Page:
Religion on TV – Interview with Jeff Rose 30 June 2014

Academics are not always the most successful at communicating their work to a wider audience. We speak to documentary maker and academic Jeff Rose, presenter of BBC documentary ‘Bible Hunters’, about his experience of bridging the gap between academia and television.

Jeff RoseIf you’re a fan of documentaries, it is very likely you have come across Dr Jeff Rose before, whether on the BBC, National Geographic or the History Channel. Within academia, his research is archaeological and focuses on the history of human migration across the globe, but his interests include religion too. Dr Rose recently presented a documentary on BBC, titled ‘Bible Hunters’, that explored the stories of how some of the oldest known bibles were discovered. We spoke to him about his interests, passions, and bridging the gap between religion and academia.

You presented the show Bible Hunters with an incredible amount of passion; it is clearly a topic you are deeply interested in. What motivated you to research this particular topic and how did it develop into a documentary?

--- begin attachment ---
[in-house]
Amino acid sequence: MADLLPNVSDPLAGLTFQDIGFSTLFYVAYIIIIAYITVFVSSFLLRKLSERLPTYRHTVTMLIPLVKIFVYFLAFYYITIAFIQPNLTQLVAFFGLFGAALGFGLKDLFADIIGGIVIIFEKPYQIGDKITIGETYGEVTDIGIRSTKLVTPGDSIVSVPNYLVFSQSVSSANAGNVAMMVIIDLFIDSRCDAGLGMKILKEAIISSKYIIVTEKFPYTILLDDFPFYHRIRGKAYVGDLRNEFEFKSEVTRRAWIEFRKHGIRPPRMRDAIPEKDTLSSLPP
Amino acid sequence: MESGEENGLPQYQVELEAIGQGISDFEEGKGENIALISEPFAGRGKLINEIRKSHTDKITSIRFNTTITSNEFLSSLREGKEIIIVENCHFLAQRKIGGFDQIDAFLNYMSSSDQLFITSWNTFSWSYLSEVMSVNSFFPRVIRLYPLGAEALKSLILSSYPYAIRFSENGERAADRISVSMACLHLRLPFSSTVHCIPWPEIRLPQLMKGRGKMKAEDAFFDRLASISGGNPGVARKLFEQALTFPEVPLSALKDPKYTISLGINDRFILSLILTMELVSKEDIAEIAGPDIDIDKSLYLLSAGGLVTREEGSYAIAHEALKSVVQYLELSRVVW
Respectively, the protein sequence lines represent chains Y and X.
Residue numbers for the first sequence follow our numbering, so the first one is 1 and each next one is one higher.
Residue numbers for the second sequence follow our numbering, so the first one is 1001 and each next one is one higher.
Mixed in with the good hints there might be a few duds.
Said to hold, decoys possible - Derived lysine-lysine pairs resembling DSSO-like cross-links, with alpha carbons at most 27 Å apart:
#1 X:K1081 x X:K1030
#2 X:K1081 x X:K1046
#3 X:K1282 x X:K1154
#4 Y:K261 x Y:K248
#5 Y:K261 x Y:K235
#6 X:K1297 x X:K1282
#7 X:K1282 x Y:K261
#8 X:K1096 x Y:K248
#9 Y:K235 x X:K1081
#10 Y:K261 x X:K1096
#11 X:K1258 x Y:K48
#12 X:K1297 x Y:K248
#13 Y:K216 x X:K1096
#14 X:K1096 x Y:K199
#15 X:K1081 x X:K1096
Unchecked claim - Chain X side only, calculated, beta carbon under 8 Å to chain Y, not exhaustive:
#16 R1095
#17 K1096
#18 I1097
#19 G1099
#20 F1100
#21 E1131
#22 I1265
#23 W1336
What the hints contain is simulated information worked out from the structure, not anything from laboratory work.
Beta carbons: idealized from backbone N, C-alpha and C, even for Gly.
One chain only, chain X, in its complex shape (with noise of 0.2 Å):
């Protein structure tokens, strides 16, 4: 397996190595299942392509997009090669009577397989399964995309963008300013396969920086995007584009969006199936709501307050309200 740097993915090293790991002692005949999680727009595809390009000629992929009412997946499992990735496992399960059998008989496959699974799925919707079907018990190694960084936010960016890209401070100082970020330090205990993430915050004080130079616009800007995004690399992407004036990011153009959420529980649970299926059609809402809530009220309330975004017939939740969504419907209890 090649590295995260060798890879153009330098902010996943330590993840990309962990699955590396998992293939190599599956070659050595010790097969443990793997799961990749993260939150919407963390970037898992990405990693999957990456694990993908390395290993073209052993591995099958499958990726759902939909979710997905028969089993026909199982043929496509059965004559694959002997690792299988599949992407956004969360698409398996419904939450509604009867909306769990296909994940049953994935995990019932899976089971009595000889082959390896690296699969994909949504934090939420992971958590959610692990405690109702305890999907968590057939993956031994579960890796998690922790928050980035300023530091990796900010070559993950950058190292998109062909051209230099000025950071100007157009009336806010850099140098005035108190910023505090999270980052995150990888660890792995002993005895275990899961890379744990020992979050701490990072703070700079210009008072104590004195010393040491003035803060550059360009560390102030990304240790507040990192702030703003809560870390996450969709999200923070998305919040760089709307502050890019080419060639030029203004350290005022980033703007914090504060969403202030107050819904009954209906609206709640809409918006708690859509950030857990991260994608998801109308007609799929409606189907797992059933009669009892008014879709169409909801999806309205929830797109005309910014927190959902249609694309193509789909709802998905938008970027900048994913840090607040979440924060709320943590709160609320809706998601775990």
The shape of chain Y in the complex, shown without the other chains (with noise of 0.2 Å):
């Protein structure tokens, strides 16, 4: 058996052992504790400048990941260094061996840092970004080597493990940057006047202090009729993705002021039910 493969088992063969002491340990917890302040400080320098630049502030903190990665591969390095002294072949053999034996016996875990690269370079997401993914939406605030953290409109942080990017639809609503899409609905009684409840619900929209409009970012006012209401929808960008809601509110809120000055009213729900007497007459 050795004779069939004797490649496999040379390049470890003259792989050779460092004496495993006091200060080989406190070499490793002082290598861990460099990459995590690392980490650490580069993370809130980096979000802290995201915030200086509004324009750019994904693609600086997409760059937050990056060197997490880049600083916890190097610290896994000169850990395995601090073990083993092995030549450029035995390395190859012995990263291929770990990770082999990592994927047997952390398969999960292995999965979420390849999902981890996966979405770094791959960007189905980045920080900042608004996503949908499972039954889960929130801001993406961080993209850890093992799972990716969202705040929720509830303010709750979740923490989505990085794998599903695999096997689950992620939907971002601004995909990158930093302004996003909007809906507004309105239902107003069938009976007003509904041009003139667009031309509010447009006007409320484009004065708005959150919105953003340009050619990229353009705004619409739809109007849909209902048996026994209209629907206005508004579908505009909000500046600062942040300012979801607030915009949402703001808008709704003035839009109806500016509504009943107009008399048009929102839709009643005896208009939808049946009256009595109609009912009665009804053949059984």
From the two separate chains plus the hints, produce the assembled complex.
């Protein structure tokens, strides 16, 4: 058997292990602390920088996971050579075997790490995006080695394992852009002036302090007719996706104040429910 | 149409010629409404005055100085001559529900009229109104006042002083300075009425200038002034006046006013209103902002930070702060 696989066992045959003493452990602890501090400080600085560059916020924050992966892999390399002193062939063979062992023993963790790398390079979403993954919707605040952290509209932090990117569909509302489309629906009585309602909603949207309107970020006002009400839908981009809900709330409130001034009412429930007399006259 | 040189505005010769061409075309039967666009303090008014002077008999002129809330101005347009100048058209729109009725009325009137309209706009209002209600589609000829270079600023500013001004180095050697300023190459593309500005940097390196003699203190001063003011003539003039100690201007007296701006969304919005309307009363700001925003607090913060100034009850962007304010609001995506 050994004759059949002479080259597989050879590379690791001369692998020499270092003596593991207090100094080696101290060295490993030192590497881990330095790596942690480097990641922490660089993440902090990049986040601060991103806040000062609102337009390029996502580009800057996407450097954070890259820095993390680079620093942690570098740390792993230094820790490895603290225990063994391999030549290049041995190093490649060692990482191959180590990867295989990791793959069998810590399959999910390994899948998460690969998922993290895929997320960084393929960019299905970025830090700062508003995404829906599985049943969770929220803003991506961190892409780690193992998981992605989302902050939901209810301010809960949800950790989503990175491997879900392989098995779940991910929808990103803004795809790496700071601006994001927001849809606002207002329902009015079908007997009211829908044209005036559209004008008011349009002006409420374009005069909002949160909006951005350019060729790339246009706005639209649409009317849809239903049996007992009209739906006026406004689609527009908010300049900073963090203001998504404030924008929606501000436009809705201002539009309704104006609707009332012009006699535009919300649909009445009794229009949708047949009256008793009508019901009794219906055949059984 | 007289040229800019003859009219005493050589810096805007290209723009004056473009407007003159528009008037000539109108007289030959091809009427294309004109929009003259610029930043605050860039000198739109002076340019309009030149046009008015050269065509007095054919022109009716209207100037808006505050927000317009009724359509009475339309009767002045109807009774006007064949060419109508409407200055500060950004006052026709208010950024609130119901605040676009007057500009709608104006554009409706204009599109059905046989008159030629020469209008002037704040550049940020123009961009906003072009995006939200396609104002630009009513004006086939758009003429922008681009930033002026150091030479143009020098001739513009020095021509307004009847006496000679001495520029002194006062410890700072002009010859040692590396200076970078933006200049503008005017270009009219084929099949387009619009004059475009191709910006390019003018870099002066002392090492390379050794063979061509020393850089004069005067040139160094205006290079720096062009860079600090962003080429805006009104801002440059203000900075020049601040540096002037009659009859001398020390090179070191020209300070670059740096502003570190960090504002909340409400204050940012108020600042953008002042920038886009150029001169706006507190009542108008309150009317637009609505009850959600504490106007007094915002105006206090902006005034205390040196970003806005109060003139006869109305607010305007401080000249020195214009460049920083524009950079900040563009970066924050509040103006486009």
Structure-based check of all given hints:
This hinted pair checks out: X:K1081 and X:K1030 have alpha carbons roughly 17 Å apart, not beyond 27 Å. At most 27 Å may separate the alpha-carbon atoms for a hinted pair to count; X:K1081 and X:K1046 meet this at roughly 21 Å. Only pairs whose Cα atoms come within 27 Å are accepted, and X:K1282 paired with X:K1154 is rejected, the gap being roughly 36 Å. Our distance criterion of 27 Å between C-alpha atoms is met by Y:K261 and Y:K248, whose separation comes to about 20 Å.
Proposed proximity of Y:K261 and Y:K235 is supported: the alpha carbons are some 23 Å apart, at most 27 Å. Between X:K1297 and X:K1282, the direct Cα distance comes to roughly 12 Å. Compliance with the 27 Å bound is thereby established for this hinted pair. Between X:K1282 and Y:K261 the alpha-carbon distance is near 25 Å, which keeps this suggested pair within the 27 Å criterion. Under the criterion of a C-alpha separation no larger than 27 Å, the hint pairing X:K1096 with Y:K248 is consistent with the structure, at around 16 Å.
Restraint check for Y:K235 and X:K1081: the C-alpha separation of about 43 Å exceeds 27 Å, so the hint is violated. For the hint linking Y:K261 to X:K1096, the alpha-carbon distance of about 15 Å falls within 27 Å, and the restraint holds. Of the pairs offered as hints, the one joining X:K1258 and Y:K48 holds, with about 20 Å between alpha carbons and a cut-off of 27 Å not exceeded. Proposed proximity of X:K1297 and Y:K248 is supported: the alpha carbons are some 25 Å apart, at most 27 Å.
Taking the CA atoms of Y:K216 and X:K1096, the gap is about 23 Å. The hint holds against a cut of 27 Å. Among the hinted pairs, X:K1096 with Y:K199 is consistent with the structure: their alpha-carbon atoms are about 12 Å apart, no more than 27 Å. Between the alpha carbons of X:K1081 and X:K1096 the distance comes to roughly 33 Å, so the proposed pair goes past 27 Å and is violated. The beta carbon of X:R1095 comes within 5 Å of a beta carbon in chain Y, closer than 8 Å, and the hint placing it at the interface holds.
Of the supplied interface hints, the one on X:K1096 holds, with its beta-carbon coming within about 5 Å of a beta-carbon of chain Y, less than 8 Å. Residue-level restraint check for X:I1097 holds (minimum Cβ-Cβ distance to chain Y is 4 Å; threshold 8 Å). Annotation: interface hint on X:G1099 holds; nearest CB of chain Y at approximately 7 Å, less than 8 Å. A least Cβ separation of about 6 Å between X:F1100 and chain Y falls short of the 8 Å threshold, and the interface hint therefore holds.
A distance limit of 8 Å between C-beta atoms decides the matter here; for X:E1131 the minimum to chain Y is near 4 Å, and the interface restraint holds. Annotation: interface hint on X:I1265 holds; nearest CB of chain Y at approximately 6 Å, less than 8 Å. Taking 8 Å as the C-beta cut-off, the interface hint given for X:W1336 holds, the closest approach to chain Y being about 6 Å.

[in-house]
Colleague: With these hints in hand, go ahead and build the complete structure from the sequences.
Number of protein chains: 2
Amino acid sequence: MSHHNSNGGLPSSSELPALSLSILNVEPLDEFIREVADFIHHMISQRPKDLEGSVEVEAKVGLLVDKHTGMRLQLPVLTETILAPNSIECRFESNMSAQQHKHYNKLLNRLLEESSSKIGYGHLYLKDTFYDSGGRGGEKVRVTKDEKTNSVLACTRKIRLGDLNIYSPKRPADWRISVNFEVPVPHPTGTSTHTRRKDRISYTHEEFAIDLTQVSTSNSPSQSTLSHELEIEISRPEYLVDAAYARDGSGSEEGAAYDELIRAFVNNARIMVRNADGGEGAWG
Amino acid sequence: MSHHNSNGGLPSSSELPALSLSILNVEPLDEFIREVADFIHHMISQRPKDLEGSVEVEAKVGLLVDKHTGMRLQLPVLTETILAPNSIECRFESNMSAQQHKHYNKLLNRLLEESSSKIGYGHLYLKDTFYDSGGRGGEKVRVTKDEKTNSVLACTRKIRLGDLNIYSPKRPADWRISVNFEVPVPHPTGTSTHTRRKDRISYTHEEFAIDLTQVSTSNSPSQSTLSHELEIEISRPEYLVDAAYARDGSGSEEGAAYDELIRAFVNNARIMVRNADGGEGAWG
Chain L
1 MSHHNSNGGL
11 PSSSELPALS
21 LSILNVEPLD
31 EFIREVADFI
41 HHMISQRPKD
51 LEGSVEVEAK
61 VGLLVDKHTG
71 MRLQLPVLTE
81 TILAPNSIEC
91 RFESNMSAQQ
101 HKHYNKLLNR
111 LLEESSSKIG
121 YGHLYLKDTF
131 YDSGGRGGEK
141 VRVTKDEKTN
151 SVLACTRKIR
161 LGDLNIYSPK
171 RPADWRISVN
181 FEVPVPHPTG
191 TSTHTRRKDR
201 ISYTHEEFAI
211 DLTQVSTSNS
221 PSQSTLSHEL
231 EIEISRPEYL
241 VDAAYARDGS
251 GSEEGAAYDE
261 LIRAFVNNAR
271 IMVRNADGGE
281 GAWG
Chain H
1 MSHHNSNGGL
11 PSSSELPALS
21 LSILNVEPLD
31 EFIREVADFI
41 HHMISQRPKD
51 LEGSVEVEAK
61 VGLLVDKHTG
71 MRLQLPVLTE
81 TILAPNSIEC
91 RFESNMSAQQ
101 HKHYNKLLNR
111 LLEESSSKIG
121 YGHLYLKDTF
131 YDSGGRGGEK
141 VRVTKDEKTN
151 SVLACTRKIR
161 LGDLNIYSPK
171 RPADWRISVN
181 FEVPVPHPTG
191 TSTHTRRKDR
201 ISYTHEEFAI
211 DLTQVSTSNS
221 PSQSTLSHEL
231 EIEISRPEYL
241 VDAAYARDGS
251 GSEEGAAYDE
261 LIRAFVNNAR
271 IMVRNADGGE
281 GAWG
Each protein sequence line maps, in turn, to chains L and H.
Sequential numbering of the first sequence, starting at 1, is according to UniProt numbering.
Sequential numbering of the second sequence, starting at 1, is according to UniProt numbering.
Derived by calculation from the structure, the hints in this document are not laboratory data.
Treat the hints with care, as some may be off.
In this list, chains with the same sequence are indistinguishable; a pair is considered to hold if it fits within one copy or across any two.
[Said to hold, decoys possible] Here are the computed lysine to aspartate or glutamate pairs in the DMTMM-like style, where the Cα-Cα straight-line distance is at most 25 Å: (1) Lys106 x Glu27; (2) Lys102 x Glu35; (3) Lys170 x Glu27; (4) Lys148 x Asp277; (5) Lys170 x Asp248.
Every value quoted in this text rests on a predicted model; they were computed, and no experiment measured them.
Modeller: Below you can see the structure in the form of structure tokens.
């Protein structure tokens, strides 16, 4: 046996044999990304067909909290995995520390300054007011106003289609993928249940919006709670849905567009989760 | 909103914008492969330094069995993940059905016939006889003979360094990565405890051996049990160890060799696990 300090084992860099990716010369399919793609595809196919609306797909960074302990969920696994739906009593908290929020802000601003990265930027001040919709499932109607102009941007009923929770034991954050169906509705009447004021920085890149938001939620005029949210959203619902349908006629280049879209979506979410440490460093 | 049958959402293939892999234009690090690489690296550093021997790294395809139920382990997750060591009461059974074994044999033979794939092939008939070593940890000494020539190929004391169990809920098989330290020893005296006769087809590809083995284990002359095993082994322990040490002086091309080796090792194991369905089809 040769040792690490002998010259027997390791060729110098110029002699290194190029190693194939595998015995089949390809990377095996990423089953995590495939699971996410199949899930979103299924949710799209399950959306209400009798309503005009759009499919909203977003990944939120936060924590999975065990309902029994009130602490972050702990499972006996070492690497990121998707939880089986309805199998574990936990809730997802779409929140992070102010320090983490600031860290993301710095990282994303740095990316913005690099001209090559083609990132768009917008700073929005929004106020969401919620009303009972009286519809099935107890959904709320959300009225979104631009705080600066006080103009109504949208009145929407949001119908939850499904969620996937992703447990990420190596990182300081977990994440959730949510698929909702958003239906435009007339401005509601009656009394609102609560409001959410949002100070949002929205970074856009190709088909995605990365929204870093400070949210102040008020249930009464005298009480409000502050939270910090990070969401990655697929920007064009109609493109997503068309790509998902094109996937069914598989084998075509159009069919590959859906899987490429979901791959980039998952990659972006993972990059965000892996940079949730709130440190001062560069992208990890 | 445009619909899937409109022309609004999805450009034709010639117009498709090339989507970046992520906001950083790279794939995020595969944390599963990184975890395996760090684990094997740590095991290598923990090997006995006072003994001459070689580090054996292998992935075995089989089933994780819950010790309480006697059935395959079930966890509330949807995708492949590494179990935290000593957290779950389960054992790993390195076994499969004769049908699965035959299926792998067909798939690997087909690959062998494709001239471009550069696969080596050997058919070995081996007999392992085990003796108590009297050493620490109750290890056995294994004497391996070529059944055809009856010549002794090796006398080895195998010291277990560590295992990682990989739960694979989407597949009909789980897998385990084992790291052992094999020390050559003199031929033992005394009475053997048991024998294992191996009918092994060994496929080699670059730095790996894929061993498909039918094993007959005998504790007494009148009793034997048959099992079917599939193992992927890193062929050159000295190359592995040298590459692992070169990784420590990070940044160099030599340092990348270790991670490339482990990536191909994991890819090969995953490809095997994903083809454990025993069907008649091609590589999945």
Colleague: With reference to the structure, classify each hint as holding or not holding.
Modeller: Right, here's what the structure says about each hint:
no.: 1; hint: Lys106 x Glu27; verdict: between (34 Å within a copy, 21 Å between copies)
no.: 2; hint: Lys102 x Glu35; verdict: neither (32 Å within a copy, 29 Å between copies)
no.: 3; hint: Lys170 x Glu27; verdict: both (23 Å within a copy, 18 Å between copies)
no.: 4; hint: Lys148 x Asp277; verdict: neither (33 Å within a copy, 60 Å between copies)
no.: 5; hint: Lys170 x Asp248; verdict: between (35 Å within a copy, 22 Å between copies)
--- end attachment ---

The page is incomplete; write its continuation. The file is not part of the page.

My fascination with world religions goes back to my childhood, to Hebrew school classes where I was first introduced to the Old Testament. I remember always wondering if these tales – the Great Flood, the Garden of Eden, David and Goliath – were actually true or just myths. When I was 17, my amazing parents nurtured my passion for Biblical archaeology and sent me off to volunteer on an excavation in Israel. I worked there every summer for three years, while studying ancient history and comparative religions at university. In fact, my undergraduate thesis was on the origins of the Philistines (who were actually posh Greek refugees who fled the collapse of the Mycenaean kingdom and came to settle along the coast of Israel).

As for how this became a documentary, that is entirely the achievement of Ray Bruce, our executive producer. He has been developing this story for over six years now, saw me on a previous documentary about Noah’s Flood and felt that I was someone who could be both a scientist and be respectful of the Christian faith at the same time.